Mark Fossen has previously appeared in Plan-B’s EXPOSED, THE ALIENATION EFFEKT, THE SCARLET LETTER and Eric Samuelsen’s AMERIGO, as well as many SLAMs, BANNEDs and Script-In-Hand Series readings.
In the fall of 2008, we had decided to put our house on the market. We were living in Eagle Mountain after moving to Utah from Pennsylvania, and had decided we needed to be closer to Salt Lake because the amount of theatre we were doing was increasing and the long drives to and from downtown rehearsal were wearing on us.
if you remember, the fall of 2008 was perhaps the single worst time in recent memory to try and sell a home. As the bottom fell out of the housing market and the economy, a new podcast launched from NPR called Planet Money. I distinctly remember taking daily walks, listening to episodes detailing the collapse of the economy as terms like “tranche” and “LIBOR” went from a foreign language to familiar terms. It gave comfort, that slight understanding of the global economic forces that were shaping my personal life.
In the mix of all that discussion were constant references to two opposing sides in a debate that was raging as to how governments should react: there were the Keynesians and the Austrian School. One favored government intervention in the form of stimulus, one warned against it. The debate seemingly came up daily, and I sucked down the information about two economists from the early 20th Century who were becoming so central to my personal decision to try and sell my house: John Maynard Keynes and Friedrich Hayek. Planet Money covered the complex material in a compelling way, and I found myself hashing out the debates in my head, trying to decide whose theories offered the best way out of the mess we were in.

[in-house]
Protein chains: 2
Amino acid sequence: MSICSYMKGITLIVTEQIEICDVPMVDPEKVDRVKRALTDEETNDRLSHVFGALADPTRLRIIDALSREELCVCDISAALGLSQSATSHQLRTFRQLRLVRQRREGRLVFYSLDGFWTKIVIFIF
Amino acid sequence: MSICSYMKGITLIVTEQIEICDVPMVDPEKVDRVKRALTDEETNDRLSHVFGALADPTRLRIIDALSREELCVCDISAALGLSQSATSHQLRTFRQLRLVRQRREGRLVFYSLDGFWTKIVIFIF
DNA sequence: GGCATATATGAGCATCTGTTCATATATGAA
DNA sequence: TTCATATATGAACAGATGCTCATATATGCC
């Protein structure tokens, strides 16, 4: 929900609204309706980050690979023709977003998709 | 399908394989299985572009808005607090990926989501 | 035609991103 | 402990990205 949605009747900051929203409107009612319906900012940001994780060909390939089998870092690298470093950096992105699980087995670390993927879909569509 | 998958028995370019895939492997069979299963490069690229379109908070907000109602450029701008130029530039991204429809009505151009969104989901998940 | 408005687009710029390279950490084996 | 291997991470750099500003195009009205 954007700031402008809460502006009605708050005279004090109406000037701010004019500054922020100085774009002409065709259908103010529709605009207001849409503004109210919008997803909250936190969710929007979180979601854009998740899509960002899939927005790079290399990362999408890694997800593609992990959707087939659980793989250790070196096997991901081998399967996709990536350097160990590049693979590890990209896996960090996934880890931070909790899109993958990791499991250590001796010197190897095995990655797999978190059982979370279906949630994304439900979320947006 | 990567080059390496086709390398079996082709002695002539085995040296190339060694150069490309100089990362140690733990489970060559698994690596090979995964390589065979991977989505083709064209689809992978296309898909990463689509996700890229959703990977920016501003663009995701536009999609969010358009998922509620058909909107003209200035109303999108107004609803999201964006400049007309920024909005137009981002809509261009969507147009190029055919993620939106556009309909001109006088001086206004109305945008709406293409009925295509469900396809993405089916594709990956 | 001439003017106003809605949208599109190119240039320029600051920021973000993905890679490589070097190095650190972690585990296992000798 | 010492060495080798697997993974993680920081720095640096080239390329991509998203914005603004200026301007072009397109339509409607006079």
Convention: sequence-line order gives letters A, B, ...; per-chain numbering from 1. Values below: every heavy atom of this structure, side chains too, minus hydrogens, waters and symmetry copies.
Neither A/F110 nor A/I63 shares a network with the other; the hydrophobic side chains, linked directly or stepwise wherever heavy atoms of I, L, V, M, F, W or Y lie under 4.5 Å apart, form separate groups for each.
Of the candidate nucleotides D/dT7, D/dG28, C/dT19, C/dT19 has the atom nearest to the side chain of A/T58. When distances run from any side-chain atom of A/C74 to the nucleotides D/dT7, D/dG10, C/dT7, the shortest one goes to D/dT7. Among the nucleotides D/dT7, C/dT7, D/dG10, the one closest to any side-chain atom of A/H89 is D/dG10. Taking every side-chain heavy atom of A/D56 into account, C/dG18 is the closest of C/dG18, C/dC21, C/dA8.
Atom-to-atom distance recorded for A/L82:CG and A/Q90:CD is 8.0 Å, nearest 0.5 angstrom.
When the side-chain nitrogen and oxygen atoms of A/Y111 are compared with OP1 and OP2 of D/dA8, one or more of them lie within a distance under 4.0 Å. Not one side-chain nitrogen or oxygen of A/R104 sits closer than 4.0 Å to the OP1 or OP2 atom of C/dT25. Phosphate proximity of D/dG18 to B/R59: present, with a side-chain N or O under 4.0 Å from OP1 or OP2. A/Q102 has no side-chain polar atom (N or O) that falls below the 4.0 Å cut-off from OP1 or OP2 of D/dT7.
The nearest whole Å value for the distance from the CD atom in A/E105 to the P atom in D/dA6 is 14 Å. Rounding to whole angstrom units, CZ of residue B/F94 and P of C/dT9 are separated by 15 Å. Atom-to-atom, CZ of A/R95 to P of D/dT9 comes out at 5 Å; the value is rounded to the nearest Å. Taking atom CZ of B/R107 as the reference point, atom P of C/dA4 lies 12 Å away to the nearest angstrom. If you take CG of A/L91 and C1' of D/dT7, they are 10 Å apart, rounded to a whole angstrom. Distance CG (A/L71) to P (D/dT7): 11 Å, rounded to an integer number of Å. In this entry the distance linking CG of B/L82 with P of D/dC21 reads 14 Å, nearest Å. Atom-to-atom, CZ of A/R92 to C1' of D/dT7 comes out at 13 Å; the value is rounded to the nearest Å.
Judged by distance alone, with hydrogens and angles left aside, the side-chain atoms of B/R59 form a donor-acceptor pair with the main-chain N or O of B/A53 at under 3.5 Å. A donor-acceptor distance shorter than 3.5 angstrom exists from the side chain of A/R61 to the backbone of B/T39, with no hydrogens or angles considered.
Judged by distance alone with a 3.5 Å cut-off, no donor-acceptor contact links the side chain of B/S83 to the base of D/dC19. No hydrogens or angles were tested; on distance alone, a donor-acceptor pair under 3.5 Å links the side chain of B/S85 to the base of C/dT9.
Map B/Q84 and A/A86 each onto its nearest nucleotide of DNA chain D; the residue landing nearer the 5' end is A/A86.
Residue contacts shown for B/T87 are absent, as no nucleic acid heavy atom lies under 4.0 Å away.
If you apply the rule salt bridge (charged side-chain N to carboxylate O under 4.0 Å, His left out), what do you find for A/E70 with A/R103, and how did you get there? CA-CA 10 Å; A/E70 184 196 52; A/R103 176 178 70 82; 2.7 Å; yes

Eventually a limited Keynesian stimulus won the day. Eventually I sold my house, and moved to Salt Lake. Eventually we all recovered … or will. The economic and the personal were intertwined, and I think I was far from the only one who learned that lesson in the fall of 2008. At one time, big theories and advanced economics may have seemed like wizardry that ultimately didn’t affect us at the street-level view. We now knew it did affect us, and would continue to do so.
Now, in 2014, I’m well ensconced in my Salt Lake home and thrilled to play my part in bringing this debate to the stage in CLEARING BOMBS. I’m delighted to get the chance to create another role in an Eric Samuelsen play. AMERIGO was such a rich experience because Eric crafted a character in Christopher Columbus for me to play that was neither hero nor villain, but a researched and detailed man. Eric has a gift for doing voluminous research, then weaving it in at such a fundamental level that it becomes the foundation of the character in a way that makes it almost invisible. In CLEARING BOMBS, Eric’s written a passionate work that doesn’t just explain the economic debate we’ve been in but explains why it matters. Two passionate men – I play John Maynard Keynes to Jay Perry’s Friedrich Hayek, with Kirt Bateman’s Mr. Bowles trying to make sense of it all – argue for their view of the world on a rooftop in 1942, and we’re still feeling the effects of their debate to this day.
Plan-B Theatre’s #SeasonOfEric continues with Eric Samuelsen’s CLEARING BOMBS February 20-March 2, 2014, featuring Kirt Bateman, Mark Fossen and Jay Perry, directed by Eric Samuelsen. Click here for tickets and more info.